You can't retrain a world that barely understands what a class C address is in a new, complicated protocol. ipv6 is an ill-advised disaster and countries that force adoption will suffer greatly. It's unnecessary. It's stupid.
@Dennis
absolute rubbish - add a country code ... not an easy job just add one byte - in bigger routers it is not even software most of them use asic's to be fast enough so no just add sth
L3 switches are what most of the providers are using to aggregate the customer traffic so just add a country code wont do it.

IPv6 is the present - and it will be necessary if you think about IoT and so on.

Providers in Europe and US are happy with ipv4 because there are enough ipv4 addresses in use now they don't want to change.

UPC (big cable opreator accross Europe) switched a year ago to native ipv6 and does CarrierNAT on its Customers with ipv4 it is possible and obivously a good idea.

NAT is an ugly beast most network software has to work around (eg. passive ftp, need for relays for p2p software, ... you get the picture)
I've been following IPv6 since 1999, when everybody in the academica and major equipment providers forecasted the inminent end of IPv4 in "few years". In my opinion, there are two additional reasons:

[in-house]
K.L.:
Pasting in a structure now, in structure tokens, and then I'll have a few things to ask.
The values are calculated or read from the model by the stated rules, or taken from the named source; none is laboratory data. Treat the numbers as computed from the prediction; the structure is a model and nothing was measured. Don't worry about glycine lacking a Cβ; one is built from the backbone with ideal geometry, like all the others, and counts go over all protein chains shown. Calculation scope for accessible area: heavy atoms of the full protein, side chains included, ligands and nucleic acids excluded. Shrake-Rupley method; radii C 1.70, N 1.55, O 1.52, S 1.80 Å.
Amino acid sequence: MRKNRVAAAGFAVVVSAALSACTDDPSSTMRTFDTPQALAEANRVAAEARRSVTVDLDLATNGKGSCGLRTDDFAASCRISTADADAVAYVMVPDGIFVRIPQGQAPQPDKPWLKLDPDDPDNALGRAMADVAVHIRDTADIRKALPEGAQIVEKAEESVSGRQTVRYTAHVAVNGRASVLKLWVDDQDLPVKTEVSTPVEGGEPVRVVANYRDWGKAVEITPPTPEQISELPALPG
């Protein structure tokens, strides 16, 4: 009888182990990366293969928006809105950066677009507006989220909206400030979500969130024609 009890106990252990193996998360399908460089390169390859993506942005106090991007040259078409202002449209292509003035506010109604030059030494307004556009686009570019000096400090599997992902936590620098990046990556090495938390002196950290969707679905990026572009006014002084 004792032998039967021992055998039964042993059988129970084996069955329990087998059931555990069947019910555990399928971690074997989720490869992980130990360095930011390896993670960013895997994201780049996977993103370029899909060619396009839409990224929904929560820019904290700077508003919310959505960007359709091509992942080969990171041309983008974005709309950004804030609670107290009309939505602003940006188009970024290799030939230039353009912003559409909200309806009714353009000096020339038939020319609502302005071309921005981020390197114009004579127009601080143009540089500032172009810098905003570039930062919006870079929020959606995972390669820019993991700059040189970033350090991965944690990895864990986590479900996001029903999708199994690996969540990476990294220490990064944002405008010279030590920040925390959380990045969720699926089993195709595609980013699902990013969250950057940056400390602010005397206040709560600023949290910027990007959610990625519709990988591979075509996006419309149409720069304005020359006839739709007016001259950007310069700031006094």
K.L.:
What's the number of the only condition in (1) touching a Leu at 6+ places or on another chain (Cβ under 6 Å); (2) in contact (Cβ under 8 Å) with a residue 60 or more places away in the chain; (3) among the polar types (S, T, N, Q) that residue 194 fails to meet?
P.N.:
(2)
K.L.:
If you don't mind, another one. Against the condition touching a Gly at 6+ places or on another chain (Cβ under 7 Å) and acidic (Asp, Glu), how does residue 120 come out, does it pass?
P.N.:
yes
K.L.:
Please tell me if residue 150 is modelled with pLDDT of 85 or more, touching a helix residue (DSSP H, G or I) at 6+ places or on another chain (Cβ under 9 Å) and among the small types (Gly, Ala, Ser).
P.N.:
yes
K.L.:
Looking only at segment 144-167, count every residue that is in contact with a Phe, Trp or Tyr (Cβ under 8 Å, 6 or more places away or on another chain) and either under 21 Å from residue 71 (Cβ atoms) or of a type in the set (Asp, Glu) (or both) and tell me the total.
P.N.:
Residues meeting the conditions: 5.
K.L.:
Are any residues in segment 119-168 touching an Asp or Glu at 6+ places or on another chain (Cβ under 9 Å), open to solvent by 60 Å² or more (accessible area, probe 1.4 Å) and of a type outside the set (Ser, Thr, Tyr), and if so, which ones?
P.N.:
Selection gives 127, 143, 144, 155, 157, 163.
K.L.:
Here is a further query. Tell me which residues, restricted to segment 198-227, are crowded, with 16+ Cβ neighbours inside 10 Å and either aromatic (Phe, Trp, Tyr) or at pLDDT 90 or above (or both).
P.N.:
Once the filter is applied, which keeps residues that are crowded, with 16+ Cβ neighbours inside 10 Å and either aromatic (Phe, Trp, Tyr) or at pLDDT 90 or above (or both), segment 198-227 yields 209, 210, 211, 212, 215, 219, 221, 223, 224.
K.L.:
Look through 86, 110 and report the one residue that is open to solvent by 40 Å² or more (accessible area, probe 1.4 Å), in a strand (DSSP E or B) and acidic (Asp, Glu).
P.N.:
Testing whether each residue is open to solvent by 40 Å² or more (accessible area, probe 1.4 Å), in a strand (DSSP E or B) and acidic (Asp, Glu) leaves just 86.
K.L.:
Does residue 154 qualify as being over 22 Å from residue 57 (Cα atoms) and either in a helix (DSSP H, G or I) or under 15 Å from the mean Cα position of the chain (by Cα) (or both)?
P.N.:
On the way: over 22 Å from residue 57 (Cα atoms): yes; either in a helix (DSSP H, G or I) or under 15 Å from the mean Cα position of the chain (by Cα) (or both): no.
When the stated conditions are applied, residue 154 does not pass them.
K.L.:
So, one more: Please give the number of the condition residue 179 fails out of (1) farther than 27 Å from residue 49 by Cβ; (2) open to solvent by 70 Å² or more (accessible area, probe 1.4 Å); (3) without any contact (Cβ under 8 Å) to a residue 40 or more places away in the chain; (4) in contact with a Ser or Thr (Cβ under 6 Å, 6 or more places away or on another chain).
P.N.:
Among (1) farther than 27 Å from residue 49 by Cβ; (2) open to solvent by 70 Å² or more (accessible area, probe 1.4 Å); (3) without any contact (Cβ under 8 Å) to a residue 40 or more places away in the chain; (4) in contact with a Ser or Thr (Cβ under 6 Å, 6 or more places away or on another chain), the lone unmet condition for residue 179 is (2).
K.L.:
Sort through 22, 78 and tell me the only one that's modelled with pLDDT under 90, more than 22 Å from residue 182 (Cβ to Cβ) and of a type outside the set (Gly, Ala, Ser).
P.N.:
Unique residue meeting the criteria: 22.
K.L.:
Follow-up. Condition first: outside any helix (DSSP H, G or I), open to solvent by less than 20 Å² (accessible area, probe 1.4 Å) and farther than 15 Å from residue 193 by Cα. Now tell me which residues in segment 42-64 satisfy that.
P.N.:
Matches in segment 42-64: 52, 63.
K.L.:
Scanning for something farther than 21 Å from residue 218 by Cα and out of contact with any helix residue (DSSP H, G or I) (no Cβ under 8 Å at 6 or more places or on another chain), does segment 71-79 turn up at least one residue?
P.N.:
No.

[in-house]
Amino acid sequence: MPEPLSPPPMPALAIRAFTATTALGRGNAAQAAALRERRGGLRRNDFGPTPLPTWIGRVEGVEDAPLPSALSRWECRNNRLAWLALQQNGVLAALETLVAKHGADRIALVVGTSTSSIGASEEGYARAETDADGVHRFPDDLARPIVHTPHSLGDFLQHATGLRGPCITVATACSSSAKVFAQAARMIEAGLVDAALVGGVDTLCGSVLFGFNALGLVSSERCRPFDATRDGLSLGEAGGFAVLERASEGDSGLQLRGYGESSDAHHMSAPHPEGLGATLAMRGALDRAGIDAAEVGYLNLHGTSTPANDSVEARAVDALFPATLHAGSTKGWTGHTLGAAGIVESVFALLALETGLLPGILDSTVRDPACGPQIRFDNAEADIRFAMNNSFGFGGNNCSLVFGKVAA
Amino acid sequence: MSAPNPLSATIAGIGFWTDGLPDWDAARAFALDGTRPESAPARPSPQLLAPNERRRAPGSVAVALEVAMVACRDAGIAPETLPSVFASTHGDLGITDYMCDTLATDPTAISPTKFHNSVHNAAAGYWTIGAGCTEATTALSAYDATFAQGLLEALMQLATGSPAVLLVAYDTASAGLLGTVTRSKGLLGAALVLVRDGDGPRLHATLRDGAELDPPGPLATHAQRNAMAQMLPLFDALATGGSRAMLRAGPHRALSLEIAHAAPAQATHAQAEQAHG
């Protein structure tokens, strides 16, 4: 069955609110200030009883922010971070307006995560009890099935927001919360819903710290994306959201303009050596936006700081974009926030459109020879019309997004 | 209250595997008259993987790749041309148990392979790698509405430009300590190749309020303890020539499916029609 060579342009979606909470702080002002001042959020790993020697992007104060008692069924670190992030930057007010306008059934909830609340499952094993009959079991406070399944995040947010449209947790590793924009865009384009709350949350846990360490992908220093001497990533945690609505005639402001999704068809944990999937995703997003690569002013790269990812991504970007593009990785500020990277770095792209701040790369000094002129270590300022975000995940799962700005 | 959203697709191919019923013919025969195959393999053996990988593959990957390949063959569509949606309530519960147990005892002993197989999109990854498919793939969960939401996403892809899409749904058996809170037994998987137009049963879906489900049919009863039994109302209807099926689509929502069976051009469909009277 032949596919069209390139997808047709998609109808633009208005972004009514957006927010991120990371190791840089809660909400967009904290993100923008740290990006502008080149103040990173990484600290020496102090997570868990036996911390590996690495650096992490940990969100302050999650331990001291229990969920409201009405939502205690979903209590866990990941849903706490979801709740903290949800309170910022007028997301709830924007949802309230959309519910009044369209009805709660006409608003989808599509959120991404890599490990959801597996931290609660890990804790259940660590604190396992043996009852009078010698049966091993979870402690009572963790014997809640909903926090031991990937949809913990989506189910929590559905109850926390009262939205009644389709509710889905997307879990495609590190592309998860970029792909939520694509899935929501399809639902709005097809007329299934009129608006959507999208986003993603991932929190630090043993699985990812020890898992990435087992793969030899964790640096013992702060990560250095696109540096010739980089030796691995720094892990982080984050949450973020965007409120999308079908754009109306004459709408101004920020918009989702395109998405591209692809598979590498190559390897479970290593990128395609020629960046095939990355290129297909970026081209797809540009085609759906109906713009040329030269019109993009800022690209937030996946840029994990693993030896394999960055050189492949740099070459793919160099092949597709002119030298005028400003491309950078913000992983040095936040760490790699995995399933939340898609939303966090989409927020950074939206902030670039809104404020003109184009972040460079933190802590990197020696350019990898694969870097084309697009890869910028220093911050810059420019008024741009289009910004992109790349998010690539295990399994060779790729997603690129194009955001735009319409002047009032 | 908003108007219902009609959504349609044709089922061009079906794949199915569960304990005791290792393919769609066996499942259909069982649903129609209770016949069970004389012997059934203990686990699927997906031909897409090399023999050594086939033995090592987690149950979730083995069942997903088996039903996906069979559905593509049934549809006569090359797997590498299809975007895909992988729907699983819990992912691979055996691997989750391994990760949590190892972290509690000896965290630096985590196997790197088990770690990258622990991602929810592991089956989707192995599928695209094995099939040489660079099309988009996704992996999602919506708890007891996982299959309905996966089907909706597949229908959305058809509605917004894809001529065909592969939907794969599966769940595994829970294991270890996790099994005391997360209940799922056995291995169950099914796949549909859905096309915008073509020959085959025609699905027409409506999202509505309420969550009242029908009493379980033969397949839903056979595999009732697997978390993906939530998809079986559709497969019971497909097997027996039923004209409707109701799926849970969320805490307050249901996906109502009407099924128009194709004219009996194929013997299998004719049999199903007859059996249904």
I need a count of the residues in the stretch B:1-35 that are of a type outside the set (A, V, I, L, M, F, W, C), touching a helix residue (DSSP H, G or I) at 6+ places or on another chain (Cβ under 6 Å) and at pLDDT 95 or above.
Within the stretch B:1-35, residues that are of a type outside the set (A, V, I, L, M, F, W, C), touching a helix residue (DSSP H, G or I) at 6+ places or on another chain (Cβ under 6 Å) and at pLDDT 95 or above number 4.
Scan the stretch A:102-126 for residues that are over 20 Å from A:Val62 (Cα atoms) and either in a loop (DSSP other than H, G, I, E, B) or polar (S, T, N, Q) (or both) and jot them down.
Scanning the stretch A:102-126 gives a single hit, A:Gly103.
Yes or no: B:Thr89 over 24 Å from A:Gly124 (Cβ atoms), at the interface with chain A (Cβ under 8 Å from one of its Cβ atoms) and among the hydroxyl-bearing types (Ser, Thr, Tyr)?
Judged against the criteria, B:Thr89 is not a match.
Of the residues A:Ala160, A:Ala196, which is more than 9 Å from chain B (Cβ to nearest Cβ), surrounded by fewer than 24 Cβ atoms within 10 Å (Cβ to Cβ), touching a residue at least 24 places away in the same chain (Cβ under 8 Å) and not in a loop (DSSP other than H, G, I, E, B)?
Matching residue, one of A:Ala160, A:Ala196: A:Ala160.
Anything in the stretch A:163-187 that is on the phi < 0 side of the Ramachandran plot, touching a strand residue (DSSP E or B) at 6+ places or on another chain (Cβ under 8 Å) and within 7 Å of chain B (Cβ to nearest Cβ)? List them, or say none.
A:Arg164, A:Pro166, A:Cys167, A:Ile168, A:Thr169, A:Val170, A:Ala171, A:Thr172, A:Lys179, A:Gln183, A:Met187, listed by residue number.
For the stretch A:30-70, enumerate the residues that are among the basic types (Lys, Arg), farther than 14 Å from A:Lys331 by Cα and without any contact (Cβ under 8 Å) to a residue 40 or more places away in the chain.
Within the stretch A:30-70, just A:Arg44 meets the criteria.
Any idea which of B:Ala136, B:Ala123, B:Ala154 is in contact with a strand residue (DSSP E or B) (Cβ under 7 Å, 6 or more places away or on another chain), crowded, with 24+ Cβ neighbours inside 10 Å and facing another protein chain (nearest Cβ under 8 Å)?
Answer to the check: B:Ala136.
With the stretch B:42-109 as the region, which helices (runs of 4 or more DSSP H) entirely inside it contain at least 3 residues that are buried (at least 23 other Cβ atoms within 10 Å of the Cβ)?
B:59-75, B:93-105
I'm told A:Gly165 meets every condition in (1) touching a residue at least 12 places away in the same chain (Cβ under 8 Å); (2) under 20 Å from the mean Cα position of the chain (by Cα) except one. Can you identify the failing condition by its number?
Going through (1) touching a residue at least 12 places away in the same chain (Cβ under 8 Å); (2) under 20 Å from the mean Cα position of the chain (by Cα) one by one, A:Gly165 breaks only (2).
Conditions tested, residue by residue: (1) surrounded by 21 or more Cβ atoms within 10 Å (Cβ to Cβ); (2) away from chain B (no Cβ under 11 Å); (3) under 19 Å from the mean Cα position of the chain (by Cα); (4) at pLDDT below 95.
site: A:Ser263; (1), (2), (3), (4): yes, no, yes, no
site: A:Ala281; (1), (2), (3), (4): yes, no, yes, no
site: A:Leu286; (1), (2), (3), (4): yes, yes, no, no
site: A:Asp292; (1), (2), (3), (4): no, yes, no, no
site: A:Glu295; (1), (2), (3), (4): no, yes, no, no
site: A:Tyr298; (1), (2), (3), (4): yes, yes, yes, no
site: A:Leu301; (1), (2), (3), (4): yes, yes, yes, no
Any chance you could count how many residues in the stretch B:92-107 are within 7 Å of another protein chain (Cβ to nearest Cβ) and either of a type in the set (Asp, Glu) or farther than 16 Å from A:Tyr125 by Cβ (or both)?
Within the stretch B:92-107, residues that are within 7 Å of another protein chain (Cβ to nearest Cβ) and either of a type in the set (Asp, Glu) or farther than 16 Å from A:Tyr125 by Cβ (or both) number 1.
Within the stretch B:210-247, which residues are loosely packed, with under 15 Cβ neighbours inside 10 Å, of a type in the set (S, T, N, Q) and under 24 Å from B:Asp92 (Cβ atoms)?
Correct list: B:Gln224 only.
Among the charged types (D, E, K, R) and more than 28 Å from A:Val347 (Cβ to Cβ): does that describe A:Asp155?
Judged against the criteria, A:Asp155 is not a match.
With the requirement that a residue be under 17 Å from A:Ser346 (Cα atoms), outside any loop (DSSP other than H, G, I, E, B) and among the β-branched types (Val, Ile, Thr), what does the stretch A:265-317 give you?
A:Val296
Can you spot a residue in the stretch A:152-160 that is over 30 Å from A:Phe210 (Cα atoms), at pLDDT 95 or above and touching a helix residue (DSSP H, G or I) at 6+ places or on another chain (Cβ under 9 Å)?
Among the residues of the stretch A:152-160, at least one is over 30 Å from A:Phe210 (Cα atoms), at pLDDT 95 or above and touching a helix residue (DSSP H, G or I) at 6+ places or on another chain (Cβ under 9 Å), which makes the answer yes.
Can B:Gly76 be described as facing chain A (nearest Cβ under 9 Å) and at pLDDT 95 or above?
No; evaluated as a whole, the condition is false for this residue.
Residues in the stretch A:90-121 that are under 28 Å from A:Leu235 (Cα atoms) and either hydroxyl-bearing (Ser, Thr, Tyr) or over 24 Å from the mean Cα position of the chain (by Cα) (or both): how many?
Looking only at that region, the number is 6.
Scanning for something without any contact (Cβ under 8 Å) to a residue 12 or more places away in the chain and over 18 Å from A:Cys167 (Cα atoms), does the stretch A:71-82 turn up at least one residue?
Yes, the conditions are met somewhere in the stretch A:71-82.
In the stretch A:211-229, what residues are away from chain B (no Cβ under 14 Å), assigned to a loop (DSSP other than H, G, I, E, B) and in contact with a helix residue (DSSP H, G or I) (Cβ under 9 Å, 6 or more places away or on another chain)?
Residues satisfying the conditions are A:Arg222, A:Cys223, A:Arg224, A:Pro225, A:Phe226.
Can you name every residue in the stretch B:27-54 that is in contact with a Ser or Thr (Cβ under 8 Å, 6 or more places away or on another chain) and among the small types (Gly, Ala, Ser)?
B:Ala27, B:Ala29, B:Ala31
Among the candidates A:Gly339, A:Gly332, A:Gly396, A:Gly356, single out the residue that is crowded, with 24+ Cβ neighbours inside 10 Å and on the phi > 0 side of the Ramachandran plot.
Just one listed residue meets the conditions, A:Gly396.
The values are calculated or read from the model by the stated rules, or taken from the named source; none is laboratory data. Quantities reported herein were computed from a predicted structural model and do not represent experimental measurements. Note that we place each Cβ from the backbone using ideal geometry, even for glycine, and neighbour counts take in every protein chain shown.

1. Security. With every connected device potentially able to get easily a public IPv6 address instead of a private behind a NAT, it would arise the thread of unathorized access or attack from anywhere in the world. Certainly, there are proxies, firewalls, etc. but the risk will be increased, even more, if all those devices get connected wirelessly (via 4G/5G or WiFi).

2. The problem is not at the layer 3. In the recent years the evolution of the telecom industry has experienced a major paradigm shift, where the compatibility, scaling and functionality have been translated to the application layer and has a loose or weak relationship with the layer 3 (using the network architecture jargon).

So, let's wait some more years to see if Ipv6 finally get momentum ... or not.
@Jose Munoz
I certainly agree that security will be a new challenge when switching to IPv6. But with the upcoming IoT revolution security will be important and a primary concern for a while, with or without IPv6.
"If it ain't broke, don't fix it."

Network equipment will not be replaced until fails. In my country you can find Enterprises, ISP connecting to network hops identified as "impsat", a "Dot-com bubble" ISP purchased by Global Crossing. Of course, zero ipv6.

Progressively, all network equipment will be replaced.